Sat, 02 Mar 2019, 12:00
SOAS, London (UK), Lucas Lecture Theatre, SOAS, University of London, Thornhaugh Street, London, WC1H 0XG
Event at SOAS, London
“What I am trying to say is simply this: The revolution is made by ordinary people, not by angels, made by people from all walks of life, and more particularly the working class who are in the majority.
And it is a sign of the times, the sign of the power of revolutionary transformation, when a street force member is developed into a fighting cadre in a political movement.” From Rodney’s last speech, given in Georgetown, Guyana, 6 June 1980.
On June 13 1980, the Guyanese historian and activist Walter Rodney died when, at the height of revolutionary unrest against the US and UK-backed dictatorship of Forbes Burnham, a bomb went off in a car containing both he and his brother. Many argue that this act, together with the US invasion of Grenada in 1983, marked the end of a wave of revolutionary movements for national liberation in the Caribbean. Thirty-six years later, a Commission of Inquiry concluded that the Guyanese state had been directly involved in Rodney’s assassination. To date, no one has been brought to justice on this matter.
Only 38 years old when he died, Rodney is known today for his game-changing works of Pan-Afrikan thought (Groundings with My Brothers, 1969), Pan-Afrikan and Marxist historical analyses of the crucial role that slavery and colonialism played in the development in Europe (A History of the Upper Guinea Coast 1545 to 1800, 1970 and How Europe Underdeveloped Africa, 1972), and rigorous class and gendered analysis of an intractable ‘race problem’ and its role in capitalist accumulation in the Caribbean (A History of the Guyanese Working People, 1881-1905). Perhaps less well known are the unceasing efforts of Rodney’s widow and children to safeguard his unpublished writings and to continue his work, largely through the Walter Rodney Foundation in Atlanta.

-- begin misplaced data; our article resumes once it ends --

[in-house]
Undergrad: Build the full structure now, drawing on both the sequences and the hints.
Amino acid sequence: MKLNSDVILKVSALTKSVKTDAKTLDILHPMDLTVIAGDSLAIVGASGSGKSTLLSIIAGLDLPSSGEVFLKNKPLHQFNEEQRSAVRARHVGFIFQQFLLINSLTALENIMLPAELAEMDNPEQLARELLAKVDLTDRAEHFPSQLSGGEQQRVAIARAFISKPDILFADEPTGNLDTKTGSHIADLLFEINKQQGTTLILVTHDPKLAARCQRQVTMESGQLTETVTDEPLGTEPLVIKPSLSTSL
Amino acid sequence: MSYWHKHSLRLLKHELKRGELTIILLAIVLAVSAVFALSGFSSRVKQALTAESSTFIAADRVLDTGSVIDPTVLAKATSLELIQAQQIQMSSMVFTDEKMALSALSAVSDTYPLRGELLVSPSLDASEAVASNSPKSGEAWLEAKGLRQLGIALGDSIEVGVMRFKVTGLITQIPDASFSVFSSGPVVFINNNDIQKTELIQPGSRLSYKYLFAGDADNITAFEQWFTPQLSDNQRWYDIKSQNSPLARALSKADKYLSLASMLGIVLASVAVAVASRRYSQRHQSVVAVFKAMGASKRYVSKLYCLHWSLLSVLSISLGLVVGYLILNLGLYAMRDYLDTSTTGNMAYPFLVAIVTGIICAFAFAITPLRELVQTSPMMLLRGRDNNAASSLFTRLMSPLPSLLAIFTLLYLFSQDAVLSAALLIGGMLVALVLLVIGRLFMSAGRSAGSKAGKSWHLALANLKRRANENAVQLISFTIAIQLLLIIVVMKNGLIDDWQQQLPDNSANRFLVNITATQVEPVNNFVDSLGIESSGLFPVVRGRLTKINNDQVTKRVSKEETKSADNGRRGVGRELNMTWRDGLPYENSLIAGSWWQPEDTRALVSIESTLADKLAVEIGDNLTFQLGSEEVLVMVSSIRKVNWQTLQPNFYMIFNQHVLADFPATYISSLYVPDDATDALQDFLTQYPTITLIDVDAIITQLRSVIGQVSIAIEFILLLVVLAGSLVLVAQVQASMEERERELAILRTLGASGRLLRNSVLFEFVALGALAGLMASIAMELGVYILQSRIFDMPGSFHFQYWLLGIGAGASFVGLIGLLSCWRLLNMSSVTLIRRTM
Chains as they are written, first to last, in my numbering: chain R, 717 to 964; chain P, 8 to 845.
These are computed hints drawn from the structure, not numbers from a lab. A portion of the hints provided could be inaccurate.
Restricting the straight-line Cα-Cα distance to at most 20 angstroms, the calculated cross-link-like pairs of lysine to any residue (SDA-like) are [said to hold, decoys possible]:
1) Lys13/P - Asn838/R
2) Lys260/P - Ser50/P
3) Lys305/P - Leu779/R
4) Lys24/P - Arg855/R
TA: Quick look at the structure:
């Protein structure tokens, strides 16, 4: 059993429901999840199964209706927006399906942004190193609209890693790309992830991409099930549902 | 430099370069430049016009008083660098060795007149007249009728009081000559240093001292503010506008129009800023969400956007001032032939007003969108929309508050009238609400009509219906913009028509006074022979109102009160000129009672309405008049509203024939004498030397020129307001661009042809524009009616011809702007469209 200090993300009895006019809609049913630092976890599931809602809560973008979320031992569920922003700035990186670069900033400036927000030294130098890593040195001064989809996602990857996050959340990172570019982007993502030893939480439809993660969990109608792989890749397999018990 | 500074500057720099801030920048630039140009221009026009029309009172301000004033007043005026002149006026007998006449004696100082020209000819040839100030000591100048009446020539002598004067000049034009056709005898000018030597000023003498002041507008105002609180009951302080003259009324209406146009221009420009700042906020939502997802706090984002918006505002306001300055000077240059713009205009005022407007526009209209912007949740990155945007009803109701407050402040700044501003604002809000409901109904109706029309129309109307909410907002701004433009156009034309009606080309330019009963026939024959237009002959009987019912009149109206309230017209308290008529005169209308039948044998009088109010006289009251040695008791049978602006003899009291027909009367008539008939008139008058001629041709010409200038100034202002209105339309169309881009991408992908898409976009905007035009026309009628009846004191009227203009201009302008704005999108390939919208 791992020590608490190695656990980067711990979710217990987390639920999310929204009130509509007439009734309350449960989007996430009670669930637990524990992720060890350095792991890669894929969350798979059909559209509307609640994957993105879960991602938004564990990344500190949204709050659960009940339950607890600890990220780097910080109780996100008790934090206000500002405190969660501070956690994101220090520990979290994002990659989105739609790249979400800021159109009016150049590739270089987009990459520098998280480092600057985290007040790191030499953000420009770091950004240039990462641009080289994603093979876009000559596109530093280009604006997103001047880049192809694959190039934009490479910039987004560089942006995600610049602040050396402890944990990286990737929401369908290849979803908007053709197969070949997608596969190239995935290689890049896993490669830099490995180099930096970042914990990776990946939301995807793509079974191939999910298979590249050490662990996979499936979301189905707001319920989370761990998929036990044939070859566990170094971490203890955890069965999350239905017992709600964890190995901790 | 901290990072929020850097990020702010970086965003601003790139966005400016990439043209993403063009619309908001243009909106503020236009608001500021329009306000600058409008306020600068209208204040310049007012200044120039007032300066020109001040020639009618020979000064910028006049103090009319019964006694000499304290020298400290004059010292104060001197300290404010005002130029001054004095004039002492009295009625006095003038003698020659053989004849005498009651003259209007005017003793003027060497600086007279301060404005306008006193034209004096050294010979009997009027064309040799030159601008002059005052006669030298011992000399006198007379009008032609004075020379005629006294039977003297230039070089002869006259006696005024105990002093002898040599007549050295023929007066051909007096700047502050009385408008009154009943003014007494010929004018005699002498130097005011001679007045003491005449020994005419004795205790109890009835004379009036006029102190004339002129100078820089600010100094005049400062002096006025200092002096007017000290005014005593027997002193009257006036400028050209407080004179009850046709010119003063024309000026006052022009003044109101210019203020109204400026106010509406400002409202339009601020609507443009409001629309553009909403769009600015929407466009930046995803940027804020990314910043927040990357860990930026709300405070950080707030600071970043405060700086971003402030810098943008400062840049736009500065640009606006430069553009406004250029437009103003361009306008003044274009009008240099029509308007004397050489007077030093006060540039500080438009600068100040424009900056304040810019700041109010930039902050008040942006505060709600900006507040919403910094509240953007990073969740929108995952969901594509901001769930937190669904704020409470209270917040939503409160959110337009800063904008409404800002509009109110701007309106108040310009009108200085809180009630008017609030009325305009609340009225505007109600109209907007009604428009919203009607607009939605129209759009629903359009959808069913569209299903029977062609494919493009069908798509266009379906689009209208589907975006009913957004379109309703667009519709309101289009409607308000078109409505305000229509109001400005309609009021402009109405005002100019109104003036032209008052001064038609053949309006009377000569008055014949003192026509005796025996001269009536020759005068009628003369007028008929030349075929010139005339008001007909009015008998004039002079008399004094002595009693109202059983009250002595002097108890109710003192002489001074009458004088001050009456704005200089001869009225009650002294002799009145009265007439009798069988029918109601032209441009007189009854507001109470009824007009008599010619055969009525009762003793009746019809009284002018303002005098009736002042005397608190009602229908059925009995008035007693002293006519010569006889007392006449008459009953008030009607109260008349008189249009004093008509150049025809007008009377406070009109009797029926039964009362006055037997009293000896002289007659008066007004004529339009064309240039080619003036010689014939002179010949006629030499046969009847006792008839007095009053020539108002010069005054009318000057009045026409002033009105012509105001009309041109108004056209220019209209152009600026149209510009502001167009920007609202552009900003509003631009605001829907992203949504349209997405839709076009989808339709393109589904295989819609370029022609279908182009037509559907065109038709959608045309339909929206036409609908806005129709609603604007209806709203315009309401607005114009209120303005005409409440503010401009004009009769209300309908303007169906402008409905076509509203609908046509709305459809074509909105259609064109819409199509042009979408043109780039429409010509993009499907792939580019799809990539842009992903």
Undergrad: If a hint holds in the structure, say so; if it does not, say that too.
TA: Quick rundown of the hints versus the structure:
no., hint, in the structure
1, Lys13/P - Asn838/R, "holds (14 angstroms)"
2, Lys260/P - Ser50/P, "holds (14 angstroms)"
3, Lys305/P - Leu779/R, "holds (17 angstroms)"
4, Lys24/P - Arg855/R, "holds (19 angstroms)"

Beginning in 2018, Verso began a series to publish some of Walter Rodney’s hereto-unpublished work, and to re-issue some of these classics. The Walter Rodney: Pan-Afrikanism, Marxism and the Next Generation conference is meant to coincide with this effort to engage with Rodney’s ideas with a new generation in movement. From our perspective, the timing couldn’t be better.
Rodney’s thought and praxis was shaped by the times in which he lived. Despite setting out on the preferred path of the Caribbean middle class of higher education, regardless of the setting, Rodney’s political thought and praxis took shape in dialogue and in movement with young people. The youth wing of the first mass party and multi-racial party in Guyana. In London, as much at home in Hyde Park with Black revolutionaries and migrant workers as in student circles at SOAS and a now legendary reading group with CLR and Selma James. His engagement with revolutionary student groups at the University of Dar es Salaam and the TANU Youth League in newly independent Tanzania. His groundings with unemployed and organised Afrikan youth in Jamaica and Guyana, which provoked a shift even amongst his students and colleagues at the University of West Indies (UWI) which itself was best expressed in the 1968 riots that erupted when Rodney was refused re-entry to Jamaica. In the Working Peoples Alliance, organising with Guyanese workers across racial lines as a Pan-Afrikanist and Marxist with a clear analysis of the structural utility of racial divide and conquer policies, as much to British imperialism as to the neo-colonial authoritarian regime of Forbes Burnham. Speaking out when that regime responded to the call for true national liberation with terror and political assassinations, including a young unemployed worker and activist in the WPA, Edward Dublin.